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  • In 2017 Nicaragua maintained a good growth rate of 4.6 percent. Due to the social and political unrest that the country has experienced since April 2018, the economy contracted to -4.0 and -3.9 percent in 2018 and 2019, respectively. According to the latest forecasts, for 2020 growth is expected to fall to -6.3 percent, and would recover slowly to 0.7 percent by 2021.

    The COVID-19 (Coronavirus) pandemic plus the violence that has prevailed in the last years, job losses, a fall in consumer and business confidence, and a decline in labor intensive sectors such as construction, commerce and restaurants have taken a social and economic toll, further halting progress achieved in poverty reduction since 2005.

    Poverty – defined as living with an income below $3.2 per person per day in 2011 Purchasing Power Parity (PPP) – increased to 13.1 percent in 2019 (from 9.5 percent in 2017), adding more than 240,000 people into poverty. Meanwhile, remittances increased by 9.9 percent year over year in the first half of 2019, supporting household consumption and mitigating deeper poverty increases.

    Currently, the pandemic is expected to adversely affect Nicaragua through declined remittance inflows, reduced trade, paralyzed tourism, and increased risk premiums, partially offset by lower oil prices.

    Nicaragua is still one of Latin America’s least developed countries, where access to basic services is a daily challenge.

    The World Bank has supported poverty reduction measures in Nicaragua through the International Development Association (IDA), the World Bank’s fund for the poorest countries.

    To better reach the country’s vulnerable families, IDA projects leverage local initiatives that stretch limited resources further and deliver sustainable results.


    Last Updated: Jun 08, 2020

  • Nicaragua’s Country Partnership Strategy (CPF) for 2018-2022 was built based on a Systematic Country Diagnosis and aims to further address poverty reduction while promoting prosperity for more Nicaraguans.

    The Nicaragua CPF is based on three vital objectives:

    1. Investing in human capital, in particular for disadvantaged groups. 

    2. Enabling private investment for job creation.

    3. Strengthening public institutions to improve disaster and external economic crises risk management.

    The CPF prioritizes programs to expand coverage and quality of preschool, primary and secondary education; improve maternal and child health; and expand access to water and sanitation services. It also seeks landholding, renewable energy and infrastructure improvement, increased productivity, exports diversification, and trade facilitation.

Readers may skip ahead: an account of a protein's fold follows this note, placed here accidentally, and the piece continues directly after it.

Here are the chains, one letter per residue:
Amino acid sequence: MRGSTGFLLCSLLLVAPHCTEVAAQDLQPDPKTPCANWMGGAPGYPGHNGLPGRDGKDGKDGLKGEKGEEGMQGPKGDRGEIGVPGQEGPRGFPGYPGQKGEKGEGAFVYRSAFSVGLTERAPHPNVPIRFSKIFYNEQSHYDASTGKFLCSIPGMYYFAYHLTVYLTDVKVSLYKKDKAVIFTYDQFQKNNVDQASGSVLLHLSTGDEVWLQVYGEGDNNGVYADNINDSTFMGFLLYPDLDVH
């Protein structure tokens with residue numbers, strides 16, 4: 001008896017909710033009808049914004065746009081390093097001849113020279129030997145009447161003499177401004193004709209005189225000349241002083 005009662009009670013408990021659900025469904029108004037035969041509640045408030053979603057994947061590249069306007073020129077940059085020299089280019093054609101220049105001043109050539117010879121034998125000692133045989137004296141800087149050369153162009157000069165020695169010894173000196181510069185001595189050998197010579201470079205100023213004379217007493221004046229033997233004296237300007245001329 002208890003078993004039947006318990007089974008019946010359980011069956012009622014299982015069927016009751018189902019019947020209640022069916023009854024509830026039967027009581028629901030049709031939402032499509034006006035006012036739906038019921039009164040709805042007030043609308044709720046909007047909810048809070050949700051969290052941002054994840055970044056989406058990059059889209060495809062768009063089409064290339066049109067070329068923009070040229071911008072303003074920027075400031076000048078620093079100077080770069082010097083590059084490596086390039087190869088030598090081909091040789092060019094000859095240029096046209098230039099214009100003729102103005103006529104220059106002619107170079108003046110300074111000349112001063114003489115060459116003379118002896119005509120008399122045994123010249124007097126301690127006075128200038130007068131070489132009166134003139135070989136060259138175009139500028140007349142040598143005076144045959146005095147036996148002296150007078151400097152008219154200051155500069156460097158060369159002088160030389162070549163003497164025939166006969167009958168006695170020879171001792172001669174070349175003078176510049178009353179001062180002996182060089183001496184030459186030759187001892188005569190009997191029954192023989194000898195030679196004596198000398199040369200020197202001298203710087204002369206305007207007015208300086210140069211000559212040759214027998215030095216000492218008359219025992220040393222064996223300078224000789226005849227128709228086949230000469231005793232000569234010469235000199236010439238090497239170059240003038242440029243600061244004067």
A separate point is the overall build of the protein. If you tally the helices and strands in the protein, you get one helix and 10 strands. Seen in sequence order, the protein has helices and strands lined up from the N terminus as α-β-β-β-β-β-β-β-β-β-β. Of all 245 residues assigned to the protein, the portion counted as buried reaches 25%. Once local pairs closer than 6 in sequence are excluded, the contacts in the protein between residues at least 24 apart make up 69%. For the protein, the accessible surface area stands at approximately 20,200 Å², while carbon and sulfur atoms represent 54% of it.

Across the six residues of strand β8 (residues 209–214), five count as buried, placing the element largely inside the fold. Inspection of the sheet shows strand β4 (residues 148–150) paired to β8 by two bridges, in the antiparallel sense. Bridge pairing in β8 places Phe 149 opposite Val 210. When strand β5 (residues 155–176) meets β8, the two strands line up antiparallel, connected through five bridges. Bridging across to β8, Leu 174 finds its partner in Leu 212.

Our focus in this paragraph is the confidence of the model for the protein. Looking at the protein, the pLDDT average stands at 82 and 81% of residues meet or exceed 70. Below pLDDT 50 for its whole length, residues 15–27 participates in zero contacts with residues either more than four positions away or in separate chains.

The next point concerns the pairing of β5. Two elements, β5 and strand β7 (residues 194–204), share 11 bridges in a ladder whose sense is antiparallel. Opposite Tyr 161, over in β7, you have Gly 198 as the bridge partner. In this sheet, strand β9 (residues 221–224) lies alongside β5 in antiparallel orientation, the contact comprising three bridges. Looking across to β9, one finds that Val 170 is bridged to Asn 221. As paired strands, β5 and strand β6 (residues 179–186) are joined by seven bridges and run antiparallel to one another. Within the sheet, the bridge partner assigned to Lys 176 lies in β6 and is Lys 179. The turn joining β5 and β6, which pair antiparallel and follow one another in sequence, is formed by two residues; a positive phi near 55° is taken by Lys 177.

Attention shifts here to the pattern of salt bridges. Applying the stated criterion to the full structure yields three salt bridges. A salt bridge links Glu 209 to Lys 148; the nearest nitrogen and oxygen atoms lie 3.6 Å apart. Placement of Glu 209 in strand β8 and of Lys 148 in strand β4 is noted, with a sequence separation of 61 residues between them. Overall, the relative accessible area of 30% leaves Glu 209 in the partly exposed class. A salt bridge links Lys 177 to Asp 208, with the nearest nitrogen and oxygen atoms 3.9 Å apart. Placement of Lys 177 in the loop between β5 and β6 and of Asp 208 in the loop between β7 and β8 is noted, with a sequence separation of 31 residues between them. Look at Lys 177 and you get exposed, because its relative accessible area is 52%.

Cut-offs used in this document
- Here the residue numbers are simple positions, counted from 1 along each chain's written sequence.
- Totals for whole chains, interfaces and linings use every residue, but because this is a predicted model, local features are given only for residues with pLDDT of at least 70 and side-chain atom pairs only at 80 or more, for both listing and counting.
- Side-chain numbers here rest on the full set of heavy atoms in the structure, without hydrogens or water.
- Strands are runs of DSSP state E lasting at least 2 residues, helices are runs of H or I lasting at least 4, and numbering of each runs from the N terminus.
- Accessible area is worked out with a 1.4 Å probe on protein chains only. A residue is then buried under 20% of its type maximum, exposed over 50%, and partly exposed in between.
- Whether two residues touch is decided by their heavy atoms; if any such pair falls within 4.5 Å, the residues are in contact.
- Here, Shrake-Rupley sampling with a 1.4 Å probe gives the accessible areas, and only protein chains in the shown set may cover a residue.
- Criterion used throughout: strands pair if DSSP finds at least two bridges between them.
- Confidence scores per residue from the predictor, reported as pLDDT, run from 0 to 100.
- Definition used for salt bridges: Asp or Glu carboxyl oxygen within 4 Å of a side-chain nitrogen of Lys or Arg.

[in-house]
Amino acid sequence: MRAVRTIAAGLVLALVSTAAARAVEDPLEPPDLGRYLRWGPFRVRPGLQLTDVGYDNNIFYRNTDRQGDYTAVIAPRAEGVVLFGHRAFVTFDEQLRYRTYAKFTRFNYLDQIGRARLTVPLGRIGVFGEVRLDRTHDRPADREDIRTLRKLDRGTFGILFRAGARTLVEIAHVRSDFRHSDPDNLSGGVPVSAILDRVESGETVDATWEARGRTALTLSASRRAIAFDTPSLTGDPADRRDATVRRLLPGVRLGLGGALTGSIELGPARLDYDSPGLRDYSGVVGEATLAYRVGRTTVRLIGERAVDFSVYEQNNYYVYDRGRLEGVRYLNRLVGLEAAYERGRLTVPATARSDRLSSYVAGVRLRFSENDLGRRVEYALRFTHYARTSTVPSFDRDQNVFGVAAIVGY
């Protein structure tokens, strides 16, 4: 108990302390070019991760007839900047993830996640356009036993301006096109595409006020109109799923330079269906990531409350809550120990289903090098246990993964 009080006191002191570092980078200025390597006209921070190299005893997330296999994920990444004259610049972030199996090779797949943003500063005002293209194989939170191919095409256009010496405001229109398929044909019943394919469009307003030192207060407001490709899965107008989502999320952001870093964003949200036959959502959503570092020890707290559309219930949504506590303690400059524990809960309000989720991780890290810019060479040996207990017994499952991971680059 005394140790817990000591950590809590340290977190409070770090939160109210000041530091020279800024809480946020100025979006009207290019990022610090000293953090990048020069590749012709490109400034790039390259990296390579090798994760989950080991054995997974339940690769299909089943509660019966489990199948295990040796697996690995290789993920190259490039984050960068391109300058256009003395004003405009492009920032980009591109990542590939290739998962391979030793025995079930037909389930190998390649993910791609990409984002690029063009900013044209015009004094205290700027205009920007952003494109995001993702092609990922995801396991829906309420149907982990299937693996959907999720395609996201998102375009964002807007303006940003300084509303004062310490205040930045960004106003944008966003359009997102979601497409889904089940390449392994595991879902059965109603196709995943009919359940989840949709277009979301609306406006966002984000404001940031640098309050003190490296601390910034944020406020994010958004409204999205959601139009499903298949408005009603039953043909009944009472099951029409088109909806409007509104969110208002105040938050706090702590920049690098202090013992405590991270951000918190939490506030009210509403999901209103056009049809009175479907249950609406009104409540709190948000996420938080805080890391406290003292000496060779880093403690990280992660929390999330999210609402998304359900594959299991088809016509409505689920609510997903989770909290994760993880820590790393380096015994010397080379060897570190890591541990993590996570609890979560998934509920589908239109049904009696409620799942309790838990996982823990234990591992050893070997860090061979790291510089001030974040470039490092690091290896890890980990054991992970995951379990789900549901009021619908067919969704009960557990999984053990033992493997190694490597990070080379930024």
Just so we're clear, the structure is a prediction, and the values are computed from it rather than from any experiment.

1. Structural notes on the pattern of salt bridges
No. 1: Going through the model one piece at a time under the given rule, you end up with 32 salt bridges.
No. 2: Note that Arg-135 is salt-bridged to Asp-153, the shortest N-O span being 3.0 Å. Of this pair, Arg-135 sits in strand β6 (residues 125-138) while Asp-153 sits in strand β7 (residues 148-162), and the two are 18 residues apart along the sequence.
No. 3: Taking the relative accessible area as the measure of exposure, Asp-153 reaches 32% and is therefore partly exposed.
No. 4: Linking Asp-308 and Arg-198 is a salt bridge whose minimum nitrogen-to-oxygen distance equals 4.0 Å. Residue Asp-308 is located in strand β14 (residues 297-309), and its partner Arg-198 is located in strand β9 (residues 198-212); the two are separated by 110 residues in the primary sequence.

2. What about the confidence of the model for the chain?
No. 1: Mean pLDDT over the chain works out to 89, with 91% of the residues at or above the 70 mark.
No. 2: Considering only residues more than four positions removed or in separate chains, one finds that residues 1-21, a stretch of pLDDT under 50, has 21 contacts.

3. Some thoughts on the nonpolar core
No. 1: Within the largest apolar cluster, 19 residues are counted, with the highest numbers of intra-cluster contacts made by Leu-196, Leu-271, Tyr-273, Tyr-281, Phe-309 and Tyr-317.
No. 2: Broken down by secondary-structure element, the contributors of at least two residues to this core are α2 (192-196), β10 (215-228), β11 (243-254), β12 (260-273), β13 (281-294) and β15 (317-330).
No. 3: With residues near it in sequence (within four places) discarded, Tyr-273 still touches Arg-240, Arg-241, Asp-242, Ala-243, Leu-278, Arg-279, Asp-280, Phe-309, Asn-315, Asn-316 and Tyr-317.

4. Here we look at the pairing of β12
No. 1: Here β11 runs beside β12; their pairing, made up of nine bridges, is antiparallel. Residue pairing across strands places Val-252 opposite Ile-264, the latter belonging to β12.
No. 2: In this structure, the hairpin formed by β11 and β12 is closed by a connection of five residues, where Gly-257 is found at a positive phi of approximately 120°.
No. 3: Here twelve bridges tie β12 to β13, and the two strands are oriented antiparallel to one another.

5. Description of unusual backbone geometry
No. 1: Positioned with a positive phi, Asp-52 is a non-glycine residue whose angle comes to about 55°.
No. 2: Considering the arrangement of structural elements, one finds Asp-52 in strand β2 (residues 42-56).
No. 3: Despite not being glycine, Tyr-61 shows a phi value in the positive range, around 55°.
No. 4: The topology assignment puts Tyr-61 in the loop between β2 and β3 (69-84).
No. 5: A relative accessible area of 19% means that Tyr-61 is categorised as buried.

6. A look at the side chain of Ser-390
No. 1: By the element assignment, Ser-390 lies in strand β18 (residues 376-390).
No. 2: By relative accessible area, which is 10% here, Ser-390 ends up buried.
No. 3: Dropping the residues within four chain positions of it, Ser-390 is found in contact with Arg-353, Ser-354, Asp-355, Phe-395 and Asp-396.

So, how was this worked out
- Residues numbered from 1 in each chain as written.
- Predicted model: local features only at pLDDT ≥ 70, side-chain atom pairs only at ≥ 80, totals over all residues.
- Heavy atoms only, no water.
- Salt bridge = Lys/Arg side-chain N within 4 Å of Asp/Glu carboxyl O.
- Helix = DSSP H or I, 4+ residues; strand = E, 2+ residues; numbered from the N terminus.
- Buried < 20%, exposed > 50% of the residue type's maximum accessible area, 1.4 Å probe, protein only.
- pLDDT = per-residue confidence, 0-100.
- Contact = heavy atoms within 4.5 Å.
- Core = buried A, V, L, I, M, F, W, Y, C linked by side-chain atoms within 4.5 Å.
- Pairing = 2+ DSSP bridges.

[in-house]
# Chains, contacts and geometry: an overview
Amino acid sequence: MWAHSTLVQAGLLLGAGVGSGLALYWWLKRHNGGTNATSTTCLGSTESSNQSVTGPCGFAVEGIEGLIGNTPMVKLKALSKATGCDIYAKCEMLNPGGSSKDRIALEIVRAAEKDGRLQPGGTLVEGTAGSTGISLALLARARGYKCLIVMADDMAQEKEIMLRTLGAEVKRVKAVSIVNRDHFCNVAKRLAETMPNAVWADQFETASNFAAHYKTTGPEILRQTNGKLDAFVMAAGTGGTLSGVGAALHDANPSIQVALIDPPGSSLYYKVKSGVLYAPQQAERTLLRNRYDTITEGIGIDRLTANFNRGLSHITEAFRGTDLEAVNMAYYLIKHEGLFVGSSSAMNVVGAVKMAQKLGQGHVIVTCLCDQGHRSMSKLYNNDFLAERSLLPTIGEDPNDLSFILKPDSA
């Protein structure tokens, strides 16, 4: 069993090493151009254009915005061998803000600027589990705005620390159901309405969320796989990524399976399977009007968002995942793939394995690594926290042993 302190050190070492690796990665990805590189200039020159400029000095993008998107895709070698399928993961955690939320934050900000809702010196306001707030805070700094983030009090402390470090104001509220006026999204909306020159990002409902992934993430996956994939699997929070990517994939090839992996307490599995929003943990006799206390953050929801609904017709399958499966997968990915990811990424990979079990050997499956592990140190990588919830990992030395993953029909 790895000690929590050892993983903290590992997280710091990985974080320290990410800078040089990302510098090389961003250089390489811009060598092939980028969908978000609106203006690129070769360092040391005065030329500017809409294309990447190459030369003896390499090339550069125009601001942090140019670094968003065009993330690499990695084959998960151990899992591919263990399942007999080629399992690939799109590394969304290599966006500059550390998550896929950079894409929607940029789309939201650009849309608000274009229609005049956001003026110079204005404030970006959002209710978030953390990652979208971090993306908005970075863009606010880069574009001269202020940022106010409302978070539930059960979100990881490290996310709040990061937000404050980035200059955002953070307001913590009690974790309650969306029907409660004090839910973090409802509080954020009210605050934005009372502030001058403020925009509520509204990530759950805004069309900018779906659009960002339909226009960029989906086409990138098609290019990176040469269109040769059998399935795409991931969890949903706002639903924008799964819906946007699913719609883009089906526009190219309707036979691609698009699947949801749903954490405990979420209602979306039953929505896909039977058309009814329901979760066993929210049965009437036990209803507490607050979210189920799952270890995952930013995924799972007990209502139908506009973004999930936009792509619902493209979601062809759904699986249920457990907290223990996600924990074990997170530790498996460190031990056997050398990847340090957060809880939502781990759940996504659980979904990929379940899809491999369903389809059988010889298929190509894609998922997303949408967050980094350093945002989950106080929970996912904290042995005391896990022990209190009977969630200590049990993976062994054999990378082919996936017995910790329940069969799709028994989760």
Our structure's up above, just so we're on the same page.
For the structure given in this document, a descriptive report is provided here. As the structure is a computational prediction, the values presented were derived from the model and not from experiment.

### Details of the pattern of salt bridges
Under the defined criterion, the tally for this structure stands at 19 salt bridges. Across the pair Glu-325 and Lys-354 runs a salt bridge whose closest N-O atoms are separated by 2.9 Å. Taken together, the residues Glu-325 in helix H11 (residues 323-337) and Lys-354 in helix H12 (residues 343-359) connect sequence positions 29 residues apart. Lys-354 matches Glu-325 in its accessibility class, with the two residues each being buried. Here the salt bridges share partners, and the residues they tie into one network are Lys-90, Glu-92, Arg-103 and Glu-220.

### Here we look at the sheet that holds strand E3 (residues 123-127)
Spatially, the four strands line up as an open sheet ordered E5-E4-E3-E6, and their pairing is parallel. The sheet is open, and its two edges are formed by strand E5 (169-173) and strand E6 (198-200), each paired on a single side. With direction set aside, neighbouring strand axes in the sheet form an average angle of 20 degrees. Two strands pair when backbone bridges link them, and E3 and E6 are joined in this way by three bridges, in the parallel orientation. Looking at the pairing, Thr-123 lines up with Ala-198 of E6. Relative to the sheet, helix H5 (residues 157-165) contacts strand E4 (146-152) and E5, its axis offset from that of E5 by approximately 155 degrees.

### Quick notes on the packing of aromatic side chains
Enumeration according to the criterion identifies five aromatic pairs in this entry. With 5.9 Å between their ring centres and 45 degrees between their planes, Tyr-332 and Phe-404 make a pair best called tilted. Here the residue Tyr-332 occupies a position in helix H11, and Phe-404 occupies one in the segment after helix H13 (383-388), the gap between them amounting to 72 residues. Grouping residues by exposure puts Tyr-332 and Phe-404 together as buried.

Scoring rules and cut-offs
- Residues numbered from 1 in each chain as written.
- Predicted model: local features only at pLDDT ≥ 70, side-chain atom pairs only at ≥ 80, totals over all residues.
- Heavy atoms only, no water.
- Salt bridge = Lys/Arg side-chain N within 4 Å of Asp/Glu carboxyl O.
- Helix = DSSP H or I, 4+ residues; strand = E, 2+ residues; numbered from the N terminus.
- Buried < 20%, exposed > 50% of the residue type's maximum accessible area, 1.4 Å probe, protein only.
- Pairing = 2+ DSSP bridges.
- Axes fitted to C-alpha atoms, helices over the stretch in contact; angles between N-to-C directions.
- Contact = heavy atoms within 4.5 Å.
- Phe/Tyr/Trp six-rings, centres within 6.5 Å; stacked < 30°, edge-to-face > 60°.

This plan focuses on both investing in the human capital of Nicaraguans, health, education and skills, and on the private sector to create better paying jobs. It highlights working with young people, women, Indigenous populations, people of African descent, and in territories such as the dry belt and the Caribbean regions.

    The work program for 2018-2022 comprises interest-free credits and donations from the International Development Association (IDA) for investment projects, South-South exchanges, technical assistance, and analytical work.

    Additionally, the International Finance Corporation (IFC), the World Bank Group private-sector arm, plays a lead financing role in the energy and financial sectors, while the Multilateral Investment Guarantee Agency (MIGA) is open to opportunities to support foreign direct investment in the renewable power generation, agribusiness and financial sectors through the provision of risk guarantees.

    As of June 2020, the World Bank portfolio in Nicaragua includes 9 projects, totaling US$477.82 million in net commitments, in the areas of (1) roads, telecommunications and land administration; (2) education and health; (3) financial administration and catastrophic insurance. 

    No new lending has been approved by the World Bank for the public sector since the beginning of the political crisis in April 2018. As with all Bank projects, the decision to propose operations is contingent on the appropriate conditions being in place for the effective implementation of activities to benefit the people of Nicaragua.

    Given the current health emergency, the World Bank is ready to redirect resources and activate emergency components from projects currently under implementation to help respond to the crisis, while ensuring that all fiduciary requirements are in place to make certain that resources are used for the established purposes.

    Last Updated: Jun 08, 2020